It’s never too late to learn

By on December 28, 2019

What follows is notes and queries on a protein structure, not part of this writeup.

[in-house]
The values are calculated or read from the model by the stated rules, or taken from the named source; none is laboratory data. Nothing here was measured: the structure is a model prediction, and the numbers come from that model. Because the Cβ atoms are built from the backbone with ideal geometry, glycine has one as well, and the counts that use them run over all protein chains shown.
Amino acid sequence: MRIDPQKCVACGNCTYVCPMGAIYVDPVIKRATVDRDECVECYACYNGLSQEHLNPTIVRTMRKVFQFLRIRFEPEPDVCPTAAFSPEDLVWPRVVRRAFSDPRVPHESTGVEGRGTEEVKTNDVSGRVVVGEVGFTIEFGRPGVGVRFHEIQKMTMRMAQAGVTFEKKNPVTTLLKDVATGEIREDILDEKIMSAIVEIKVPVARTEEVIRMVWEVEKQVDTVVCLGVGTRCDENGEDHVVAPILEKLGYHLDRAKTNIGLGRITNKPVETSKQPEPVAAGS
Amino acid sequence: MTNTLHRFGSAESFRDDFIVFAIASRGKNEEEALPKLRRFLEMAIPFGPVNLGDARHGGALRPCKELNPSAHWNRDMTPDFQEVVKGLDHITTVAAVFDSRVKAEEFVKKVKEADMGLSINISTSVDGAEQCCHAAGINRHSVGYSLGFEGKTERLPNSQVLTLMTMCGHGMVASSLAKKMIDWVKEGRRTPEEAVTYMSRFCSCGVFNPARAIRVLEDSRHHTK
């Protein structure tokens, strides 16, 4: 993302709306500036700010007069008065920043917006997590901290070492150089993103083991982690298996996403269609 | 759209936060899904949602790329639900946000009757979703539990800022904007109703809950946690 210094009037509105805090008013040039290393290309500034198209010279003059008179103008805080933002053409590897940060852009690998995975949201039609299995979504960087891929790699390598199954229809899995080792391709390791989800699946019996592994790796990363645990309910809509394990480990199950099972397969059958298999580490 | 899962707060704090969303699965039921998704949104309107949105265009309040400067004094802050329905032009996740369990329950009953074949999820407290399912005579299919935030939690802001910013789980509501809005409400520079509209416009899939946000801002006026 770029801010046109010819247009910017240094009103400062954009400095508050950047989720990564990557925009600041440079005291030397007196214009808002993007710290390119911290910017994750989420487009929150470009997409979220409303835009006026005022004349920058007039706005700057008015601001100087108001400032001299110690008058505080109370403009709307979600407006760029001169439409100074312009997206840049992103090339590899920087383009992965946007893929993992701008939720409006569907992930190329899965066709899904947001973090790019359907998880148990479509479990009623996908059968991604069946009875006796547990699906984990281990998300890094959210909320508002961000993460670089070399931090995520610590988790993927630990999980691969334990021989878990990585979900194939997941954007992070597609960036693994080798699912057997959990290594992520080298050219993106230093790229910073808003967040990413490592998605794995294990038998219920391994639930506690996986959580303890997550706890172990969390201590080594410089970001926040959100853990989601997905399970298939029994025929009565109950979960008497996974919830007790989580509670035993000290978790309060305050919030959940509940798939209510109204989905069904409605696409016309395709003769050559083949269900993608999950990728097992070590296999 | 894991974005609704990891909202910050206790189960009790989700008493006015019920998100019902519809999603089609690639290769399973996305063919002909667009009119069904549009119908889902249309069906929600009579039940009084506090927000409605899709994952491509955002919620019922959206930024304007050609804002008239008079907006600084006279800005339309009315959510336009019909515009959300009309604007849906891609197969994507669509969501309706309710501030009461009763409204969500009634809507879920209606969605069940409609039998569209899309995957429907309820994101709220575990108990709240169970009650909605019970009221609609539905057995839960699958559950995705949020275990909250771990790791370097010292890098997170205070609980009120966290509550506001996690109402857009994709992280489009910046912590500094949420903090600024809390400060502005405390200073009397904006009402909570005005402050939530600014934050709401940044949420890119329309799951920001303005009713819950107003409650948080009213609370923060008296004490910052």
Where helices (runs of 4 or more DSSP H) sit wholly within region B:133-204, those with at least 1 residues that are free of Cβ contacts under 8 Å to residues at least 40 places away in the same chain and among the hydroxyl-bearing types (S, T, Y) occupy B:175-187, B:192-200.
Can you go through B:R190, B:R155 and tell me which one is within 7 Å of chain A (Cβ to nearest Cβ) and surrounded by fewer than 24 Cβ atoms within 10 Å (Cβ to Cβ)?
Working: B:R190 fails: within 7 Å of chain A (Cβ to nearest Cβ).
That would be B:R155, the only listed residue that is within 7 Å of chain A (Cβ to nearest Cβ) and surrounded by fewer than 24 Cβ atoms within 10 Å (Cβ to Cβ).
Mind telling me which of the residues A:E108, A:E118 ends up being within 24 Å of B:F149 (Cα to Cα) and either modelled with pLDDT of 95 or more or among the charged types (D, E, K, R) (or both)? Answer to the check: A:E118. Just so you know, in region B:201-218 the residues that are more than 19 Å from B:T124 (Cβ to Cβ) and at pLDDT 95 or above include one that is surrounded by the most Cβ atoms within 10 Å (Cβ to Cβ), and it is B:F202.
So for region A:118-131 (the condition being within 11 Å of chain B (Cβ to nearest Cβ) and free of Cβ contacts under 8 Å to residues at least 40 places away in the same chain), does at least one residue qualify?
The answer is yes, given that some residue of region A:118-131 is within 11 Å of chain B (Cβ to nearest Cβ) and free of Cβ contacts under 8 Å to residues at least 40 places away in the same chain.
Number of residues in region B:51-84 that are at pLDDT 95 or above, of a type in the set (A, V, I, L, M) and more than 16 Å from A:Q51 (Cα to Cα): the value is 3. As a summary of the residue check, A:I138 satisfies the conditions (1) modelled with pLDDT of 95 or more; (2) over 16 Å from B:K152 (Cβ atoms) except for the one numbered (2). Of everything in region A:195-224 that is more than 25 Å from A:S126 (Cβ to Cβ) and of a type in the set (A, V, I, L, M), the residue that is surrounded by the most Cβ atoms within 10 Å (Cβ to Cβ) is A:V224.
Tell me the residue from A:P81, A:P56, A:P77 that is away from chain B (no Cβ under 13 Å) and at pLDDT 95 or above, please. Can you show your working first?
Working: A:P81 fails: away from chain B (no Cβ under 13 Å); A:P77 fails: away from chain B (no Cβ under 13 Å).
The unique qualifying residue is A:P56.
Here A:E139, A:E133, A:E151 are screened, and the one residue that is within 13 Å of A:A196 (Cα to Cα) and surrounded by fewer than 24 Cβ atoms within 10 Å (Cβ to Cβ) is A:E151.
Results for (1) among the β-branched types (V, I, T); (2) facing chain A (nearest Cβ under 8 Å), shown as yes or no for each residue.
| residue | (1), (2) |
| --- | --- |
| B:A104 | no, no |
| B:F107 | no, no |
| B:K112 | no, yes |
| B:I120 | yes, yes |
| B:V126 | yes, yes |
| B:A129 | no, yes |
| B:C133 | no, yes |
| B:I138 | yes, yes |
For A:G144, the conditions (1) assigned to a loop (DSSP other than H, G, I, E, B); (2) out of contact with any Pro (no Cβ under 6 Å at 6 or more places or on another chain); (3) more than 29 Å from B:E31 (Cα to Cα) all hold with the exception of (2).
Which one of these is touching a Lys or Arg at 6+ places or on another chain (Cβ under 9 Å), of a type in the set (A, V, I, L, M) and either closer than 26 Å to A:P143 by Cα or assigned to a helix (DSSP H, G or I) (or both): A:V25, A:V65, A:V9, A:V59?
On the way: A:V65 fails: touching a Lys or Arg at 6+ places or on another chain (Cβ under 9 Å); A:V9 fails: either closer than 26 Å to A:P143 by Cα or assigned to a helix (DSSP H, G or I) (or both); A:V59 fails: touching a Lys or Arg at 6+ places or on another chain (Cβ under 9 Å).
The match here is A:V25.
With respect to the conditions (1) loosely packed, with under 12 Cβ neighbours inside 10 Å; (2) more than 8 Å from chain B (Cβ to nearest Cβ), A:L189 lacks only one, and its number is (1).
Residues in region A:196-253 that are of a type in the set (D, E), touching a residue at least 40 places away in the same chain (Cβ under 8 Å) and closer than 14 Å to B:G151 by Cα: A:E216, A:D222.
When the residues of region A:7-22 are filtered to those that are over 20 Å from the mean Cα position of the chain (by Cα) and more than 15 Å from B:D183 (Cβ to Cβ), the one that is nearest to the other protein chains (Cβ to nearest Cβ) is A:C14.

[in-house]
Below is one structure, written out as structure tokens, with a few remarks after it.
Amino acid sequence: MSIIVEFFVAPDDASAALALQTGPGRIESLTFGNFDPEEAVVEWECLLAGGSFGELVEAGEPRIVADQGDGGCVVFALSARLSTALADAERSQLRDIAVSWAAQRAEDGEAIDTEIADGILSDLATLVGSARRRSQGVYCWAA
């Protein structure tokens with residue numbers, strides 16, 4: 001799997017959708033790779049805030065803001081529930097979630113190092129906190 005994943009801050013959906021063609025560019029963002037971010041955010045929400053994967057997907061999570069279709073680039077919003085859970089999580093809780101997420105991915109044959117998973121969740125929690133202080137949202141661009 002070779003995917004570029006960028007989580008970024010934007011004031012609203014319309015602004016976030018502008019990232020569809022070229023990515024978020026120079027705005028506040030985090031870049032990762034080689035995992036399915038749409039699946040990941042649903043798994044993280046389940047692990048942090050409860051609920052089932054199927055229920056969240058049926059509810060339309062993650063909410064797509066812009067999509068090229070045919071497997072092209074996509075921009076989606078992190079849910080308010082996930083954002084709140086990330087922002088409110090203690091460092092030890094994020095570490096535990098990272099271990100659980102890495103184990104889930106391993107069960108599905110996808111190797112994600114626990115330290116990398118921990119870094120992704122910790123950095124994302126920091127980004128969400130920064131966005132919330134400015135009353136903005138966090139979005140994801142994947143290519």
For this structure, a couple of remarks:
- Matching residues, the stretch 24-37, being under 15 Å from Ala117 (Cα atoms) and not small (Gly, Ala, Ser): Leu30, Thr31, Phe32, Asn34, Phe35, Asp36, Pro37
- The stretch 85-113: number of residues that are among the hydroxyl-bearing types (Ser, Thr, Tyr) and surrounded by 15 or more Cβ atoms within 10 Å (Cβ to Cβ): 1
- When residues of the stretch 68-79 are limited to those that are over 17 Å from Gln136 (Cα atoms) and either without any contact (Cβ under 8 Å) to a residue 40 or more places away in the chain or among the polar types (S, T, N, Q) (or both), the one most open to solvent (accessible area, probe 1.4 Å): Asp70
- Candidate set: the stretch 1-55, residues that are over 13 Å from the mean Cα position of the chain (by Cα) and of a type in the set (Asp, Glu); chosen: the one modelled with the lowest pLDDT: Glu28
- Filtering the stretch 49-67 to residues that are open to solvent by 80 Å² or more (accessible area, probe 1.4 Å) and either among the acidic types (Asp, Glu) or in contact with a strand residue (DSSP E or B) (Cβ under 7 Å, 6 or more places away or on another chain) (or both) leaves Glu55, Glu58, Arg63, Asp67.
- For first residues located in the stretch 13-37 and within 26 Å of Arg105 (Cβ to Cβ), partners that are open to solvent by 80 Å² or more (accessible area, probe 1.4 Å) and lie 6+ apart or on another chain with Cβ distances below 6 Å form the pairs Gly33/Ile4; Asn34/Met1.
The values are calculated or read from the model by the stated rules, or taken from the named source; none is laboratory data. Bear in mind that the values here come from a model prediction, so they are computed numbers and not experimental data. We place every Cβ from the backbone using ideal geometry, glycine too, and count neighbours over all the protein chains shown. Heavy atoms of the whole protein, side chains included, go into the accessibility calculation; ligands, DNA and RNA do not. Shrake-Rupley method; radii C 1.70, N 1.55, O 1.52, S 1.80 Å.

first_img AD Quality Auto 360p 720p 1080p Top articles1/5READ MORE‘Mame,’ ‘Hello, Dolly!’ composer Jerry Herman dies at 88160Want local news?Sign up for the Localist and stay informed Something went wrong. Please try again.subscribeCongratulations! You’re all set! WHITTIER – At 87, Remigia “Remy” Gomez is on a mission to learn English. Each weekday – except Fridays, when language classes are offered – the petite woman quietly strolls into the Whittier Senior Center, finds a space and digs into her bag for her work book. Thumbing through the pages, she finds a lesson plan and begins reviewing her exercises. “The picture is a tent. The letter is T,” she says aloud with a slight accent, pointing to a T outlined in a drawing of a tent. “Tent – T,” she repeats. “T, T … “ When she is not in the conversational English class on Fridays, Gomez practices on her own, she said. “For her to come and be willing to learn at that age shows a real dedication to becoming part of the community she lives in,” said Debbie Roberts, assistant principal at the Whittier Adult School, where demand for English courses for beginning students is growing. The adult school offers a variety of English classes, from English for beginners to more advanced courses, at six sites throughout Whittier. But there is a waiting list for students hoping to enroll in beginning English classes, Roberts said. Most of the Whittier Adult School students are in their 20s or late 30s, she added, but older students like Gomez are not unheard of in the classes. “They \ are unique, and they’re very dedicated students,” Roberts said. According to the U.S. Department of Education, more than 1 million adults enrolled in English as a Second Language classes in 2000, the latest year for which figures are available. That number excludes college students and adults taking English at private schools that do not receive federal funding. It also represents 38 percent of the nearly 3 million students who enrolled in adult-education courses in 2000. Originally from Guadalajara, Mexico, Gomez moved to the United States about 10 years ago. She lived in the La Puente area but later moved to Whittier. She said she realized soon after arriving here that living in Southern California would be challenging without knowing English. “I didn’t even know how to go the grocery store to buy certain things because I didn’t how to express myself,” Gomez said in Spanish. “It seemed so difficult for me.” Gomez said she’s always had a love of learning. She even became a U.S. citizen last year. “I spent my life studying,” she said. But in her class at the Whittier Senior Center, Gomez is clearly more comfortable doing her language exercises. When it comes time to speak English with others, she becomes reserved. “She has it all inside of her, but she won’t speak it,” said Theresa Barrios, a Whittier Senior Center volunteer. Gomez’s dedication to learn English is unwavering. “I wish I would have learned it when I was younger,” she said. “Even though I know my mind is getting tired, I won’t let it go. If I don’t learn anything, then that’s it – I didn’t learn anything. “But at least I tried.” [email protected] (562) 698-0955, Ext. 3024last_img read more

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